With so many options to choose from, just what is the best smart watch? They’re the latest in gadget innovation and the amount of technology crammed into these devices is exemplary of just how much the world of technology has advanced in the last five or so years alone. There’s some big names out there competing, including Apple (opens in new tab), Samsung (opens in new tab) and LG (opens in new tab). Then there’s your classic watchmakers such as Fossil (opens in new tab), who are developing smart technology so they can produce hybrid watches and keep up with the times.
So what are the best smartwatches actually capable of? A lot, quite frankly. Many are marketed as fitness watches and keep track of your pulse, your steps, the amount of calories you burn and even how well you sleep. A generic function among smartwatches is displaying messages, emails and notifications from your phone screen. Others even allow you to play games and listen to music.
It’s therefore quite important that you consider your requirements when purchasing a smartwatch. If you want one with every bell and whistle going, an Apple Watch may be your best bet but if you don’t have an iPhone, Samsung watches are also pretty decent and are compatible with Android as well as iOS. Fitbits are usually the go-tos for fitness enthusiasts, while those after a more classic look may need to head towards a watchmaker, rather than a tech company. Think about how long you want to go without charging the device, what kind of apps you require, the waterproofing levels and the kind of interface you’d prefer too.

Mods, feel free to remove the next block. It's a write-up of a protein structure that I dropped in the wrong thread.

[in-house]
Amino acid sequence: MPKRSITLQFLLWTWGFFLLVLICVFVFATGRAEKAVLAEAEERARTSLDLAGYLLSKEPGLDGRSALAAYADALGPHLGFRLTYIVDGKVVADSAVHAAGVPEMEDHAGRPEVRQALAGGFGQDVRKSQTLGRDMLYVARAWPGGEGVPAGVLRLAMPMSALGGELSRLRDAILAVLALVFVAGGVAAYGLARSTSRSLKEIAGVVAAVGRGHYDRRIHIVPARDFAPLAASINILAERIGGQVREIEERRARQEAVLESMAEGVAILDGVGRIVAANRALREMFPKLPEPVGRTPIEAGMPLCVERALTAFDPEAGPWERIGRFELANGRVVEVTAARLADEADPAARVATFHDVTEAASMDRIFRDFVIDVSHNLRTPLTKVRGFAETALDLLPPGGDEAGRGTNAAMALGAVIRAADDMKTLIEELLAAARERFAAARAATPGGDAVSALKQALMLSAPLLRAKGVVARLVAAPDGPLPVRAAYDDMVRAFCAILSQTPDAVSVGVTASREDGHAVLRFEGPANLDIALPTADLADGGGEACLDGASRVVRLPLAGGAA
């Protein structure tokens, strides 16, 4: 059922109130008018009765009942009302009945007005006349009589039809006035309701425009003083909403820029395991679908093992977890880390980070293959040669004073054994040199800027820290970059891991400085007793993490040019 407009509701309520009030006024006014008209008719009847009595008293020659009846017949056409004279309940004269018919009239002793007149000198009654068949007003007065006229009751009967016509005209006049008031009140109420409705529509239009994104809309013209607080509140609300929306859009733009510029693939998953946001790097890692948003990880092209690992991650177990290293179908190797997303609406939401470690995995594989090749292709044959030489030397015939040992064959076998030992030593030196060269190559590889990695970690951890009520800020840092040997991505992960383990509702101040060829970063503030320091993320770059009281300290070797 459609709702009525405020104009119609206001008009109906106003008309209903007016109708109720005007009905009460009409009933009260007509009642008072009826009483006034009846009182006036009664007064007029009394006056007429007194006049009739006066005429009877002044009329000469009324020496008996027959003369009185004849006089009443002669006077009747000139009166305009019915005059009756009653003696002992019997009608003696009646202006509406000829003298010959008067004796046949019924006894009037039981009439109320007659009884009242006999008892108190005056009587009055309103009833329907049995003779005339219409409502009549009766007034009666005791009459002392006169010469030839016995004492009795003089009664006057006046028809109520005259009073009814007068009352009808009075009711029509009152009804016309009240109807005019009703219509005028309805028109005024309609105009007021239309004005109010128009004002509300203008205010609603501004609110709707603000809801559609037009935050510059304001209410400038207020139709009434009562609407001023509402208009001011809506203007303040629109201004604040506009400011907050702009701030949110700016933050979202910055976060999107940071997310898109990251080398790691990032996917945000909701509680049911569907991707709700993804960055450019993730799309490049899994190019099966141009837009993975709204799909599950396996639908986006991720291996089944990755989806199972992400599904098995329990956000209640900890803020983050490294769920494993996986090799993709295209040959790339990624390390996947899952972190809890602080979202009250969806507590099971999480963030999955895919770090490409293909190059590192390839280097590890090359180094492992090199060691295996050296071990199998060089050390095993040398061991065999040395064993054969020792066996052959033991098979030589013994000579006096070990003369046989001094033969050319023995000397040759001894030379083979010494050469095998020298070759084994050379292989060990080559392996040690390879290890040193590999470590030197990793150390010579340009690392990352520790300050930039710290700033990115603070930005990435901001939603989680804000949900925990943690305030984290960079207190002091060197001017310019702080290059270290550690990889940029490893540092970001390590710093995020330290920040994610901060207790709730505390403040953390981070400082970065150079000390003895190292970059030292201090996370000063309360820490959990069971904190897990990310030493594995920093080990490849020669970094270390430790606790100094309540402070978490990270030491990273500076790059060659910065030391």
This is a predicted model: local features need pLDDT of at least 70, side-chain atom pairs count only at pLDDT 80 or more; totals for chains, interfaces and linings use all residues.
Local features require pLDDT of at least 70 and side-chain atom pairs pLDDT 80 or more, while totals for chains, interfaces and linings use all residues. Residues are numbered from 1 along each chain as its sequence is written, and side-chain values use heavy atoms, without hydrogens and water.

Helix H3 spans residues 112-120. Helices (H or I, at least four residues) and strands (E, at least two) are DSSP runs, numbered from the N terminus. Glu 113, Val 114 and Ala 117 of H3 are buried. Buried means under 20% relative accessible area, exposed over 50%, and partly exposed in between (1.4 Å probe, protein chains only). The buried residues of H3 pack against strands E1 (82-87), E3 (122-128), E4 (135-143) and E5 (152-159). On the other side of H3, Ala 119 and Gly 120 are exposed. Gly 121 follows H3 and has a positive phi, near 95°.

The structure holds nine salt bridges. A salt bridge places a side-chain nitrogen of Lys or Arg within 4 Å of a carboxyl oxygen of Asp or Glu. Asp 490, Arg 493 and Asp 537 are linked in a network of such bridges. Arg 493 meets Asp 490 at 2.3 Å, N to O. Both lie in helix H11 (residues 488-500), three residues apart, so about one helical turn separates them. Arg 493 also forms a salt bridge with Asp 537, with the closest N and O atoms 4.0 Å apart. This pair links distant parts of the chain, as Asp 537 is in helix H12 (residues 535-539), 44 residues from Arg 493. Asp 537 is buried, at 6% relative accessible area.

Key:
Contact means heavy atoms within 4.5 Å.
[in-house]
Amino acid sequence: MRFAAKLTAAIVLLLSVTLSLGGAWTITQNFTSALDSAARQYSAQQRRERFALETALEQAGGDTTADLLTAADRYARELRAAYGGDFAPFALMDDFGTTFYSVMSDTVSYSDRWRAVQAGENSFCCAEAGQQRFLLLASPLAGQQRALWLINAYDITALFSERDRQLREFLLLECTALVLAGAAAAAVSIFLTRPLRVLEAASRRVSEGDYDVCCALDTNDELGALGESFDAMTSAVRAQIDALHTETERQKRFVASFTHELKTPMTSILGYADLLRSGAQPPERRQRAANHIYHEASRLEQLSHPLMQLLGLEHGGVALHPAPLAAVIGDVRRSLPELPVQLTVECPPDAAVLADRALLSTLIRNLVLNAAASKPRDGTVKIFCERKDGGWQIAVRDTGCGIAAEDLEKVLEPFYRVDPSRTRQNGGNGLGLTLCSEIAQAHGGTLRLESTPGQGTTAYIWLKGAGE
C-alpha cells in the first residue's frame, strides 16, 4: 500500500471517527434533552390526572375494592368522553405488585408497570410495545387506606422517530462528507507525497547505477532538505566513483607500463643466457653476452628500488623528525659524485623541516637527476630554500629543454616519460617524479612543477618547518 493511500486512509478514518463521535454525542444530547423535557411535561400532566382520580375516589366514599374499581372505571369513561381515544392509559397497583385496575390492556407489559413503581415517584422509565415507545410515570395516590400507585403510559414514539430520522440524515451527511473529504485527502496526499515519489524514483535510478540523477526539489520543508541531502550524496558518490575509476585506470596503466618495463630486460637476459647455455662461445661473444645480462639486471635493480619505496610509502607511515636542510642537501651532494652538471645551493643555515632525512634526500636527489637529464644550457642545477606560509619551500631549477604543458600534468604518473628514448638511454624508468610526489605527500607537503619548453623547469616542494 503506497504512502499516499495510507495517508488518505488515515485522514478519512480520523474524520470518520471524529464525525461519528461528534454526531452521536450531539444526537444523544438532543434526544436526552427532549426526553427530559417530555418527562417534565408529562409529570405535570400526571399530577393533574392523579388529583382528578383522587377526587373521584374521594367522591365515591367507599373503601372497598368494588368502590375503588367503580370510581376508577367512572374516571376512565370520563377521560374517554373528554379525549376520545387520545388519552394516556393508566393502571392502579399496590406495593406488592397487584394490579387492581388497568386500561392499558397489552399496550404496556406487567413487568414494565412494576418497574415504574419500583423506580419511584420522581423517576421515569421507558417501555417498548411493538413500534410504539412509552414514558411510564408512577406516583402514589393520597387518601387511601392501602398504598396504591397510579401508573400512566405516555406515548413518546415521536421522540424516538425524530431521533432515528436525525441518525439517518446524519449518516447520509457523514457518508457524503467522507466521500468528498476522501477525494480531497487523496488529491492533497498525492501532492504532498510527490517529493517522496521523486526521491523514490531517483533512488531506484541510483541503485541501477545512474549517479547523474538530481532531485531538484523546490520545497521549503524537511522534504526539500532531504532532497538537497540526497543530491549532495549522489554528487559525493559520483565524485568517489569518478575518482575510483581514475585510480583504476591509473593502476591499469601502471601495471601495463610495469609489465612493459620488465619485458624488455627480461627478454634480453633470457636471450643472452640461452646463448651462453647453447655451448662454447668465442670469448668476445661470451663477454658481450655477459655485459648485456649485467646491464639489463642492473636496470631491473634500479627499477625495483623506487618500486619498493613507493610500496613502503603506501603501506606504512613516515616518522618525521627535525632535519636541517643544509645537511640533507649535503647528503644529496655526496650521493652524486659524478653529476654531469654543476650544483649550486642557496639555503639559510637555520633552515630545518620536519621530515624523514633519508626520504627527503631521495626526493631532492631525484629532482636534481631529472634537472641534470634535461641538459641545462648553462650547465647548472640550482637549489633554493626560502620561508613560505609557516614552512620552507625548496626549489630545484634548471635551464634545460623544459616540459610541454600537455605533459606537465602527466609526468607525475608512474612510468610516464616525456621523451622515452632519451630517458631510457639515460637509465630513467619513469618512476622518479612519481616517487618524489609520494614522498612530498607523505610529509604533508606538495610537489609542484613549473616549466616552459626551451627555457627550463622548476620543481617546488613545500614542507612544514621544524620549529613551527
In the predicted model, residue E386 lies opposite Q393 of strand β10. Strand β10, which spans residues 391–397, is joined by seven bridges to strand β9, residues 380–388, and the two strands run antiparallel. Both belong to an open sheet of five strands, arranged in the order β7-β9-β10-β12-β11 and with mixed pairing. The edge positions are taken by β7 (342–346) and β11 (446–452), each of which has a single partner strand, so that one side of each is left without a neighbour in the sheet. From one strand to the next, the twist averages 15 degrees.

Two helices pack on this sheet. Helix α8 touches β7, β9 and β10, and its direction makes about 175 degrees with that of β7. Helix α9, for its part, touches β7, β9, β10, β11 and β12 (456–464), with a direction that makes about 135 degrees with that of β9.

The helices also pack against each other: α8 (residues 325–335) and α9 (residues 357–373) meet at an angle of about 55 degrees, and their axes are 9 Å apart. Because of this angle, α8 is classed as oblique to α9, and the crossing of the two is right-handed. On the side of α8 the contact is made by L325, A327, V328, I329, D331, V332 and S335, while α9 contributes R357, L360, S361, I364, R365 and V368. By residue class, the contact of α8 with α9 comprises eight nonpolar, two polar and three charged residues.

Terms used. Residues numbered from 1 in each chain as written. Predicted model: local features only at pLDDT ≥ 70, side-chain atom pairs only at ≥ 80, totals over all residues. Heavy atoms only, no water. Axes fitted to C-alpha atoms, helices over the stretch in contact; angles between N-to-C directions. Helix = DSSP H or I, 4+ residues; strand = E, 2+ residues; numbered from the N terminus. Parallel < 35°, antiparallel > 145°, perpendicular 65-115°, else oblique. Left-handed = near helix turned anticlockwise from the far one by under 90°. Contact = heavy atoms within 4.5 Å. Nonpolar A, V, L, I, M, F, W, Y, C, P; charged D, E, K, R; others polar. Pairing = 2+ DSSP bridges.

If it's solely a fitness tracker you are after, check out our guide to the best here (opens in new tab).
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You may be surprised that we’re not featuring the Apple Watch as our number one product; and that’s because the Apple Watch is only compatible with iOS. Expert reviewers say this beautiful watch from LG is a good all-round gadget and it’s compatible with both iOS and Android equally, making it completely non-bias. It’s smart, and LG say it’s got some great techy features, including wrist motion controls, handwriting recognition and full integration with Google Play. But it doesn’t forget where it comes from; the star feature seems to be its slim design, which makes it comfortable and convenient to wear.
Not many people can find fault with this smartwatch. It literally does everything; from displaying notifications, keeping you connected, fitness tracking, browsing, music streaming and games. Fitness enthusiasts will love the inclusion of a heart rate monitor and pedometer, while people on the go will appreciate the notification displays and ability to send and receive text messages. People seem to love and hate the battery life, due to the classic - the more you use it, the faster the juice goes down - but that’s a small price to pay for a smartwatch that does everything.